Director Oren Shai talks about his directorial debut The Frontier, film noir history and advice for new directors

Following our review of the film last week, we sat down with US Director Oren Shai to talk about his directorial debut The Frontier, as we delve into the history of the film noir genre, and ask his advice for other first time directors.

What attracted you to the film noir genre as a filmmaker? How did you gain such an affection for the genre?

I got hooked after reading James M. Cain’s The Postman Always Rings Twice. It led me on a deep journey into Noir literature, which in turn inspired the experience I wanted the create with movies — equivalent to the feeling of holding an old paperback novel in your hands. Highly stylized, but gritty, the pages disintegrating in your hands. I also began consuming more and more of the movies the books inspired and became fascinated with the genre’s stylistic conventions and their evolution through the years.

What are your favourite films of the genre?

From the classic period, Night and the City, The Asphalt Jungle, Odds Against Tomorrow, Human Desire and The Killing. The French Noirs have been a big influence, particularly the works of Clouzot and Melville, and then Shoot The Piano Player and Elevator to the Gallows. And as far as neo-noirs go, Point Blank, The Long Goodbye, Cutter’s Way, The Last Seduction and Blue Velvet… For the sake of length I’ll stop here.

There also seems to be influence in the film from Hitchcock’s Psycho – would that be a fair position to take?

I can’t say that there was a direct influence from Psycho, but it’s absolutely a fair position and I love that it came to mind!

The film is timeless in that we don’t know when it is – is this a town lost in time or did you have a specific time period in mind?

The film is set in the early 1970s, but we wanted to avoid a modern “retro” tone. The characters are Hollywood archetypes, relics of other eras – an Errol Flynn, a Lee Marvin, a Norma Desmond – long past their prime. They’re fixtures of a past scrambling to make sense of the present, looking at an uncertain future. They are lost in time, as is the location.

You have such a talented cast for this film – can you tell me a little bit about the process for bringing the principal cast together?

We got lucky! We approached the actors with the material, and once they responded to it I met them and pitched my vision for the film. With Kelly Lynch and Jim Beaver, for example, I found a kinship in the love of film history and the genre. In Jocelin’s case, she was in my mind for the role when we originally wrote the script.

What is one of your favourite memories of working with the cast on this film?

I was very fortunate to work with a group of actors who are both wonderful in their craft, and generous, giving people as well. Perhaps what I cherish most is the feeling of support and camaraderie when we were all freezing in the middle of a desolate desert road on a January night, trying to make the day. Instead of the bitter cold causing tension, it brought everyone closer together.

Was it a coincidence that you cast AJ and Jocelin together, as they have starred together before?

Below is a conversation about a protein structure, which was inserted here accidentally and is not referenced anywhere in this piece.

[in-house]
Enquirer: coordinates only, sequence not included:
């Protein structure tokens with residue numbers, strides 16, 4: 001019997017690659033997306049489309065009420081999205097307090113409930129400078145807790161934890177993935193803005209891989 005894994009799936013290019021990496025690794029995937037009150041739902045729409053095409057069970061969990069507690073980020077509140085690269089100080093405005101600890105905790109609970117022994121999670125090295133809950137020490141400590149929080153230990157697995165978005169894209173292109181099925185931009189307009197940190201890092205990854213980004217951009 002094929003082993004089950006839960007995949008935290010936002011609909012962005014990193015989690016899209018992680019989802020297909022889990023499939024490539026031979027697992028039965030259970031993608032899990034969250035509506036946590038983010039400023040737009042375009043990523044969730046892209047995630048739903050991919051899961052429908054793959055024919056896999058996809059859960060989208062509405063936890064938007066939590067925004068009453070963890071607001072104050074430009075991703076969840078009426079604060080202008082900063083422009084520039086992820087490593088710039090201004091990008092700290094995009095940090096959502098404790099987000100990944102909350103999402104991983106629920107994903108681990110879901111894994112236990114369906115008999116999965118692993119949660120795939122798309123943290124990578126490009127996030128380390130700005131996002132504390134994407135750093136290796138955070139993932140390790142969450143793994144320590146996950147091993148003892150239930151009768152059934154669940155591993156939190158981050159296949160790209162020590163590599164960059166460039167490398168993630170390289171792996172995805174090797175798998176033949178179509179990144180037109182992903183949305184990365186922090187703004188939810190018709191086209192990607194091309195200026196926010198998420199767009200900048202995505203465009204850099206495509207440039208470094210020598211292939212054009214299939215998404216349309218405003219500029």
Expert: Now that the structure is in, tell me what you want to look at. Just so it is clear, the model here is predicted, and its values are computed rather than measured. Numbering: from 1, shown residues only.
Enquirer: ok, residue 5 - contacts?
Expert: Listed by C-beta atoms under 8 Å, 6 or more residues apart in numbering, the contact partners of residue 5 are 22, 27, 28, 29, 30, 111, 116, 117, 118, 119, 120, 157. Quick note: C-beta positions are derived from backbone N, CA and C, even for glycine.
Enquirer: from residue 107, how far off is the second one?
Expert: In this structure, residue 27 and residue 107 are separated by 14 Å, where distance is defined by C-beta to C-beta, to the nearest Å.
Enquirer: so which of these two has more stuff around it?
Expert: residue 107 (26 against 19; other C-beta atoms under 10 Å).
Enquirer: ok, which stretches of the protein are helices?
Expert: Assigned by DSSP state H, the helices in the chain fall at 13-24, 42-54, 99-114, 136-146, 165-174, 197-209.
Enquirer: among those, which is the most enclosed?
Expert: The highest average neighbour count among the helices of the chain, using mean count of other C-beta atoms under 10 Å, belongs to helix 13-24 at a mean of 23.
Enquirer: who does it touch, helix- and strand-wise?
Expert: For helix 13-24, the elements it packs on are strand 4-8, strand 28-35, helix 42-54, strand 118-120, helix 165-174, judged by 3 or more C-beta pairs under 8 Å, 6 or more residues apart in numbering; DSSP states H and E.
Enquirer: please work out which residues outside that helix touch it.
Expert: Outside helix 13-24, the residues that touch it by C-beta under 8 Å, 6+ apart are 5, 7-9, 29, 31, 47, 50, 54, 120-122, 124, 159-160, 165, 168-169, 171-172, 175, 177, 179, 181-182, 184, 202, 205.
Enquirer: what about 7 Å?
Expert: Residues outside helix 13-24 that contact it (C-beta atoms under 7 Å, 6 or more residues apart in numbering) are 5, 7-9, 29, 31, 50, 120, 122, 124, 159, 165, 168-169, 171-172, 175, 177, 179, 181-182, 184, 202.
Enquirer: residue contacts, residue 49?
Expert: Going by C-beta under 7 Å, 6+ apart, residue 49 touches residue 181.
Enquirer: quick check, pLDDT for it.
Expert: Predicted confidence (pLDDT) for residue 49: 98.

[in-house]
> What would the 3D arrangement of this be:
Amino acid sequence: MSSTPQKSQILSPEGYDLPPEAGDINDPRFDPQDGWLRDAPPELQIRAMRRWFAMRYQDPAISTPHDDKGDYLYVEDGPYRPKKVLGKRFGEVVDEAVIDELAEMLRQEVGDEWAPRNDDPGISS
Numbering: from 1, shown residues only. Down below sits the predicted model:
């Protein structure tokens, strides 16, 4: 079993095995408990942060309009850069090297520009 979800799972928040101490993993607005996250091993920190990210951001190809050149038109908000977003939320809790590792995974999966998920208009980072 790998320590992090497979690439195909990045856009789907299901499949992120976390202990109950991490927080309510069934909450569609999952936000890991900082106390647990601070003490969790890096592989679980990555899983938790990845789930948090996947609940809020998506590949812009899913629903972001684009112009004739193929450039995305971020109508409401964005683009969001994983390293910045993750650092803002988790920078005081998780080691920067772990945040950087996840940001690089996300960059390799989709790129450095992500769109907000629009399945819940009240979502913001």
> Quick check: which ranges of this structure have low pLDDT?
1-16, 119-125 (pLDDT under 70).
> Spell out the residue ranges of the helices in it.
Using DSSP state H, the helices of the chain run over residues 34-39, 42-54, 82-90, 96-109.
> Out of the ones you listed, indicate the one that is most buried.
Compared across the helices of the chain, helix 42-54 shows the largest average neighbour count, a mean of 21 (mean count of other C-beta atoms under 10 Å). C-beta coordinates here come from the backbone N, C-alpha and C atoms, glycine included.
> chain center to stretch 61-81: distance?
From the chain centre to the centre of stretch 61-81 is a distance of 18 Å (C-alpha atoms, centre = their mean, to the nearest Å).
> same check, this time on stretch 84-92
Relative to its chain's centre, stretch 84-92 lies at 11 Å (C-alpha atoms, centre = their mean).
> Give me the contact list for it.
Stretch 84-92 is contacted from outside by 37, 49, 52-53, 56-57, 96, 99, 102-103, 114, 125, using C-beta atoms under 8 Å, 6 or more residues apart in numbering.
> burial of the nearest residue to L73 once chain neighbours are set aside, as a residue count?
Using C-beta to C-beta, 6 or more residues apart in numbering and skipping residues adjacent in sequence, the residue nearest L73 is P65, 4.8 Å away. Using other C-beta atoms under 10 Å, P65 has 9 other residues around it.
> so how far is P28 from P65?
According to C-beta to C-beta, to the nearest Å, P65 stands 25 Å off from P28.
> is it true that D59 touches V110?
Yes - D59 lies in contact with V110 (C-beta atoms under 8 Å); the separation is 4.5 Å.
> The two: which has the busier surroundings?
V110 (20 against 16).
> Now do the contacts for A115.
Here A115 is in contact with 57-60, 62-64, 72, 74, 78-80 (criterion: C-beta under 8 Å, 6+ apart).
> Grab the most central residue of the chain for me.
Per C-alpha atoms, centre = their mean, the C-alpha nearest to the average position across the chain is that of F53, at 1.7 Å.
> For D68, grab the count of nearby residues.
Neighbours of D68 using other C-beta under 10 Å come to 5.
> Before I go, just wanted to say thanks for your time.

It was a coincidence as they really were cast purely based on what they brought to the characters. But it did turn out to be an advantage, as I believe their friendship helped intensify and layer the interchangeable cat-and-mouse relationship between Laine and Gault.

You co-wrote the script with Webb Wilcoxen, your writing partner. Can you tell us how you two came to work together on the script and how that collaboration evolved through the writing process?

Webb and I were introduced by our mutual friend, Roy Frumkes, at a screening of Frank Henelotter’s Frankenhooker years ago. We struck a quick conversation, met for coffee, and very naturally started plotting and writing The Frontier. Our friendship developed along with the writing. We spent about 6 months outlining the whole film and writing detailed character bios, then Webb wrote the first draft, I wrote the second, an so forth.

How much did the finished product look like what you first started talking about, when you came up with the idea for the project?

I think the final film is pretty true to the original vision. The overall essence and tone of the film, and the vividness of the characters, remained in tact. This is largely a credit to the cast and crew, who were totally in synch and had a shared vision of the type of movie we were making.

Are you working on anything else with Webb at the moment?

Yes. Webb and I are developing an urban Noir of quite a different flavor.

What advice would give to first time filmmakers that you learned the hard way from making The Frontier?

Shoot on film.

The desert is freezing on January nights.

If you think you wrote a simple one-location script, think again.

Collaborate, listen, and consider every option seriously when making decisions, and then always trust your instincts.

Really, shoot on film.

You premiered the film a year and a half ago at SXSW, what was that initial screening like and what has the journey been like with the film since then?

I screened a short film I made in 2006 at SXSW and always dreamt of coming back with a feature. The initial screening was a blast, I couldn’t have asked for a better premiere. The journey since has been a whirlwind of ups and downs that culminated with the movie being released in North America by one of my favorite distributors, Kino Lorber. I’m thrilled The Frontier found a home at a company with such high regard to the history of film, and in the same catalog as some of the movies that influenced me the most, like G.W. Pabst’s Diary of the Lost Girl and Altman’s The Long Goodbye. Our Blu-Ray will fit nicely between them on my shelf.

Select theatrical engagements of The Frontier will be followed by a DVD/Blu-Ray/multi-platform VOD release. Head to the film’s Facebook Page for all the details.